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  • Goanna

    When I got back from my walk down to the creek this afternoon, I was greeted by this fella at my front door.
    He was almost 5 feet long, luckily he went for the nearest tree...

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    Cheers, Brad.

  • #2
    That's a big one. Nice series showing the full length and detail. The last one is the best with detail and clean background.
    Alan W

    My Gallery


    • #3
      Wot he said - you live in a beautiful environment

      Still trying to make the ordinary look extraordinary

      D7000 | D90 | Coolpix S31 | iPhone 6s | Mac



      • #4
        Thanks Alan and Alan. That last shot, I was about 2 to 2.5 meters away from it with the Sigma 50-150 @150mm and F2.8. I am really taking a liking to this lens.
        Cheers, Brad.


        • #5
          good eating get a feed out of him

          ​Nikon D610, Nikor 50mm prime, Tamron 25-75mm. tamron 70-300mm.


          • #6
            Originally posted by pauld View Post
            good eating get a feed out of him
            They might be alright cooked on the coals, but my butcher supplies pretty good steaks
            Cheers, Brad.


            • #7
              Brilliant work with that lens Ironwood. Great shots of the bungarra and well presented giving the different zoom stages.
              That's a sand goanna (Varanus gouldii ) it's a species of large Australian monitor lizard. Other names are - Gould's monitor, sand monitor, racehorse goanna, bungarra and Tingka.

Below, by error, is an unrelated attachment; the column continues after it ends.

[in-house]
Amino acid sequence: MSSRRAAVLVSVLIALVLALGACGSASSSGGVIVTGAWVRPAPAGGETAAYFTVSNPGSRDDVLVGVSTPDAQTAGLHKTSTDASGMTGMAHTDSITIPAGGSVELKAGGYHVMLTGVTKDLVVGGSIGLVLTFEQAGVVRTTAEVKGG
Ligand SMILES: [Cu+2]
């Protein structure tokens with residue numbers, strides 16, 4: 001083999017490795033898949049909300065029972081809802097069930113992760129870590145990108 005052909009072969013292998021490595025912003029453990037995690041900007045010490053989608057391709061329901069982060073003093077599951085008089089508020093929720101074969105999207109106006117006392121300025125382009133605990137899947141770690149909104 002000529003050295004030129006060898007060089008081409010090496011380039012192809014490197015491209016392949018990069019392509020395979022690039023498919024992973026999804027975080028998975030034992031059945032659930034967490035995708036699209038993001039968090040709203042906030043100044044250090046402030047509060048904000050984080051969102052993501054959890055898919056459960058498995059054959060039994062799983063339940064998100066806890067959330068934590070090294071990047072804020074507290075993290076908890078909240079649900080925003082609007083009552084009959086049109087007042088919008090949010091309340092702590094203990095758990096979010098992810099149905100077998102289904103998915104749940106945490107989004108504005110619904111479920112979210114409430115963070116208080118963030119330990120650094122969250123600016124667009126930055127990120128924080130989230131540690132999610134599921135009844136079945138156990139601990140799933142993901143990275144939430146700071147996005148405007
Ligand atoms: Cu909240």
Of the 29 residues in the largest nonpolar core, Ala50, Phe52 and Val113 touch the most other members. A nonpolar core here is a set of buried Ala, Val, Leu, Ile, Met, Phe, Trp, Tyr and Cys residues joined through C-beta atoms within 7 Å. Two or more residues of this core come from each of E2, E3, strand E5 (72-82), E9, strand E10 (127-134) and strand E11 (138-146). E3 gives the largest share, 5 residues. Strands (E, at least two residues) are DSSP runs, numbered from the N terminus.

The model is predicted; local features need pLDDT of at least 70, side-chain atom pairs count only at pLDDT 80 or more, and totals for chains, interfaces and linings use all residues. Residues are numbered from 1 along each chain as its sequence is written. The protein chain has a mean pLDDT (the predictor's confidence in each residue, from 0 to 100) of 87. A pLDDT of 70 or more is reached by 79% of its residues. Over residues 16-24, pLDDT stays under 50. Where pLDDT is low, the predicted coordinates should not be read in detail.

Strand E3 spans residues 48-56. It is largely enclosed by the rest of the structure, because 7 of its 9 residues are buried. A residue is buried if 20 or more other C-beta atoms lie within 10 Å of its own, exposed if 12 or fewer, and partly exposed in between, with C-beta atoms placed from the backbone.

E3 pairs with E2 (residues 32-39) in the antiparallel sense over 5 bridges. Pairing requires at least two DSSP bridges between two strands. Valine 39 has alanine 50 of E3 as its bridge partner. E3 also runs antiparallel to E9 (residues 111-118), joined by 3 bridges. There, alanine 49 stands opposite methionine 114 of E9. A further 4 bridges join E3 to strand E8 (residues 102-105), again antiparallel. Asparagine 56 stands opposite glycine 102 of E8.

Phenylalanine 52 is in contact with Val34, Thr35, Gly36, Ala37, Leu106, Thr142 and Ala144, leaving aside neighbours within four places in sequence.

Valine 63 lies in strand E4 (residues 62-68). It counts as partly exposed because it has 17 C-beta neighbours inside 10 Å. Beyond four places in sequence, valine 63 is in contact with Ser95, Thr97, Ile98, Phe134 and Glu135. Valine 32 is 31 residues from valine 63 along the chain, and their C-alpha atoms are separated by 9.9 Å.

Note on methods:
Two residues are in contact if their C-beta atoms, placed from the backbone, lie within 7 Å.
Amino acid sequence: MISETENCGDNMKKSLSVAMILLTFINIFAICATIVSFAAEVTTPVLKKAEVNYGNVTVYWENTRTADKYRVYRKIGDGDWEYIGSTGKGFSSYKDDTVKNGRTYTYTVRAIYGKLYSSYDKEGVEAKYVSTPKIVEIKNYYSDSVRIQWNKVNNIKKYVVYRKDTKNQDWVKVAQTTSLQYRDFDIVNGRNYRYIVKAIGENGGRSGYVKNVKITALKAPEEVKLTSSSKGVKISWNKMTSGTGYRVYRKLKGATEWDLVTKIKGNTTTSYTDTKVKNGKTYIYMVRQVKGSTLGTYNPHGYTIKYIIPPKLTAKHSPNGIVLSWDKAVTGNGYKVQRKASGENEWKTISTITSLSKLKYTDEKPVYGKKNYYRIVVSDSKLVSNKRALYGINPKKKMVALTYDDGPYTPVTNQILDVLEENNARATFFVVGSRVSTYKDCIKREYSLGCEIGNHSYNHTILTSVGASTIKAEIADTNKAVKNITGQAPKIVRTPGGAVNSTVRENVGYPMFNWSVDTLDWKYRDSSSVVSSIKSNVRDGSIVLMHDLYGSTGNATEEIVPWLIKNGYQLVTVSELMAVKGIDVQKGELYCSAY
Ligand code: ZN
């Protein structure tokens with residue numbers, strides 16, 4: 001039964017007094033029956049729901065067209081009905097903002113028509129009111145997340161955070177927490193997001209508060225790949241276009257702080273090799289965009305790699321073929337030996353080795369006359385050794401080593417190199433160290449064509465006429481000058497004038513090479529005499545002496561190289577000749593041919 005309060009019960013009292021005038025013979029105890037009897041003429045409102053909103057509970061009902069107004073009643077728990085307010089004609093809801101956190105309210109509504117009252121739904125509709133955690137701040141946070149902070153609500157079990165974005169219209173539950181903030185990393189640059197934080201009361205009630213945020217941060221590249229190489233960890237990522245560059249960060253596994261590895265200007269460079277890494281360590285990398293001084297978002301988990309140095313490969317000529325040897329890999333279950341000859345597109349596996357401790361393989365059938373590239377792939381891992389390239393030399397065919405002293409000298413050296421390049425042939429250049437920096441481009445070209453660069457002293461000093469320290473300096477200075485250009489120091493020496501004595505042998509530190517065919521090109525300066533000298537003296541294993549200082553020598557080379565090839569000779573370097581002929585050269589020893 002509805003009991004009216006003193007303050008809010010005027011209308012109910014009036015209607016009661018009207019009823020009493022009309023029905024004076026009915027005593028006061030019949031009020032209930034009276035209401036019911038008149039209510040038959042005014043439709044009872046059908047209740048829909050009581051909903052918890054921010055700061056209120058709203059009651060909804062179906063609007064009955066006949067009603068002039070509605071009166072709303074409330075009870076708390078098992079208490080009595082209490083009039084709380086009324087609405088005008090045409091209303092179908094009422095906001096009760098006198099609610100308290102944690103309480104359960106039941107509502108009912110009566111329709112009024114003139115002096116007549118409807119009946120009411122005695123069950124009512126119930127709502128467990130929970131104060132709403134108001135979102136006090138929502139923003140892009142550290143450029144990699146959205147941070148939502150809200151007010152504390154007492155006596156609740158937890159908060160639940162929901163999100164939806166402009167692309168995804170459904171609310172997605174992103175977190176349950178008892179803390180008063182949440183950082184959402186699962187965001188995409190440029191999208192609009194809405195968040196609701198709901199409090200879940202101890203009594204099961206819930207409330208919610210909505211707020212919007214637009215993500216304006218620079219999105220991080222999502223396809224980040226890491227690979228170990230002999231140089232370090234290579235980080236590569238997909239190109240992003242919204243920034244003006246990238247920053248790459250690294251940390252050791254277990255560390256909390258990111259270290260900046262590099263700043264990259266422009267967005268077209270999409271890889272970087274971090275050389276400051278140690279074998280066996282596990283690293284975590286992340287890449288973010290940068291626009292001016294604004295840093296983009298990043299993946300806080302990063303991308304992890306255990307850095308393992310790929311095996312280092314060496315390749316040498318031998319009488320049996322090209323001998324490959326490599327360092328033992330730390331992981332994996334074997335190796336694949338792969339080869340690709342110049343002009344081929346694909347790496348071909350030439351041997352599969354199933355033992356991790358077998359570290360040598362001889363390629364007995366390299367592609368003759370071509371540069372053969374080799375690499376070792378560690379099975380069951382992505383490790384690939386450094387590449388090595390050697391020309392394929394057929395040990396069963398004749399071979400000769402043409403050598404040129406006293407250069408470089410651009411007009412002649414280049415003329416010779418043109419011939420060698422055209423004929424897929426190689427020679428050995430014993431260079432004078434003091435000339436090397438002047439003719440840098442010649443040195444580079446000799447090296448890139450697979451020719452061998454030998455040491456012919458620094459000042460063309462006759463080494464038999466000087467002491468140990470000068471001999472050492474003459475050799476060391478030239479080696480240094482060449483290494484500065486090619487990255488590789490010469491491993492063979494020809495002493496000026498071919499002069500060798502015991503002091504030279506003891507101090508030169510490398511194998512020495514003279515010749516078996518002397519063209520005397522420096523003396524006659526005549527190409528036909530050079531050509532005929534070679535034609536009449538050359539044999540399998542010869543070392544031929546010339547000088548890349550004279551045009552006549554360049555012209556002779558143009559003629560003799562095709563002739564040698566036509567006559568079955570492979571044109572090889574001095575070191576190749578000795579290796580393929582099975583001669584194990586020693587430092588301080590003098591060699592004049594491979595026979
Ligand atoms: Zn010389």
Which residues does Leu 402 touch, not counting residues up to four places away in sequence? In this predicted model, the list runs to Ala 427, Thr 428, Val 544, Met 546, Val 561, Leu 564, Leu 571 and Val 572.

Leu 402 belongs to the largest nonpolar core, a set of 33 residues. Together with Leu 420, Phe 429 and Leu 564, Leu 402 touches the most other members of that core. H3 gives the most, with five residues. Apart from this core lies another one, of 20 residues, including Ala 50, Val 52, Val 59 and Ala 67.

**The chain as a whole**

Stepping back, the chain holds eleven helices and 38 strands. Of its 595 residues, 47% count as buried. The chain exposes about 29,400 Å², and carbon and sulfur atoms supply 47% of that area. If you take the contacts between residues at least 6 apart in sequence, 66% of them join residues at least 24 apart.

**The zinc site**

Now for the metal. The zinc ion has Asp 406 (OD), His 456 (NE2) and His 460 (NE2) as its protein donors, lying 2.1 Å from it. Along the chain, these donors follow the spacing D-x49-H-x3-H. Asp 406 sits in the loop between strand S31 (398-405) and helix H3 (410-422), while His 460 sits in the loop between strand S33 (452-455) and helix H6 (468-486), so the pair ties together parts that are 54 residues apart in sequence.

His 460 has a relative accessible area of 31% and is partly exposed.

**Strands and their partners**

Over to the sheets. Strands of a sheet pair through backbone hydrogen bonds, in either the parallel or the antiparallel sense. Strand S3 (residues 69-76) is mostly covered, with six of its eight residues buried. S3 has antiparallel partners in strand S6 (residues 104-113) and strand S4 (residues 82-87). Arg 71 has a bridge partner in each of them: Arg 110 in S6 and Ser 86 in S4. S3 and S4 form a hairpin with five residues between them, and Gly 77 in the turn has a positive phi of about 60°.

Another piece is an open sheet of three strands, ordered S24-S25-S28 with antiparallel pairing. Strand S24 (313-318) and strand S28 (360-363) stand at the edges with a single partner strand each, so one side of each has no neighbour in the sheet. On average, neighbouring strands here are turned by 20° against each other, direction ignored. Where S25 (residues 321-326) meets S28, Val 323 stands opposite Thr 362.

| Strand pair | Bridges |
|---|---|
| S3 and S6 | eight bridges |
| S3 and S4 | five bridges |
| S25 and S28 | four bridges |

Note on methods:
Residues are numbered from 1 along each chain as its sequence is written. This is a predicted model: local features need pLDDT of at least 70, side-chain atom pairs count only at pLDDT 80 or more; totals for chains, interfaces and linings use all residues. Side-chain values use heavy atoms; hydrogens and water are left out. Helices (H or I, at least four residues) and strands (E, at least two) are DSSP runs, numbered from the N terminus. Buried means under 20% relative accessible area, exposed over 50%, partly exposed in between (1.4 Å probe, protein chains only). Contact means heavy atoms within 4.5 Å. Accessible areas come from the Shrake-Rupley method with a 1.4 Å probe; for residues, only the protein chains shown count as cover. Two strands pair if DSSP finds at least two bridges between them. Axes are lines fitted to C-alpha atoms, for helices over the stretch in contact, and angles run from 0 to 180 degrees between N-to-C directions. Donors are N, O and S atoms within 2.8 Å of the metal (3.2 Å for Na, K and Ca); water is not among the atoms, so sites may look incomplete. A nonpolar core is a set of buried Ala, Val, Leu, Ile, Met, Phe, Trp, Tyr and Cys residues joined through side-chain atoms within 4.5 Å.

They can be quite frightening. When I was working up north, they were common as mud. I was at the rubbish dump at our camp (near Tom Price) and the dog was barking at a lizard under a bush. I could only see the tip of its tail. The lizard decided to eat the dog and came out of the bush at high speed. The dog beat me back to the 4x4 by about 3 seconds. By geez they are quick!

              "Don't touch". Must be the scariest thing to read in braille!

              My Gear
              Proudly supporting Kaarakin Black Cockatoo Conservation Centre


              • #8
                Thanks Isac.

                Yes they are very quick alright. I am wary of them so try not to get too close.

                I was 16 when I left home and went up to Weipa to start an apprenticeship with Comalco. There was a big one that was a resident in and around the electrical workshop, they used to feed it, and I remember it was pretty docile, but it was huge, I seem to remember 9 feet long. That was about 35 years ago.
                Cheers, Brad.


                • Isac
                  Isac commented
                  Editing a comment
                  Good story. Thanks.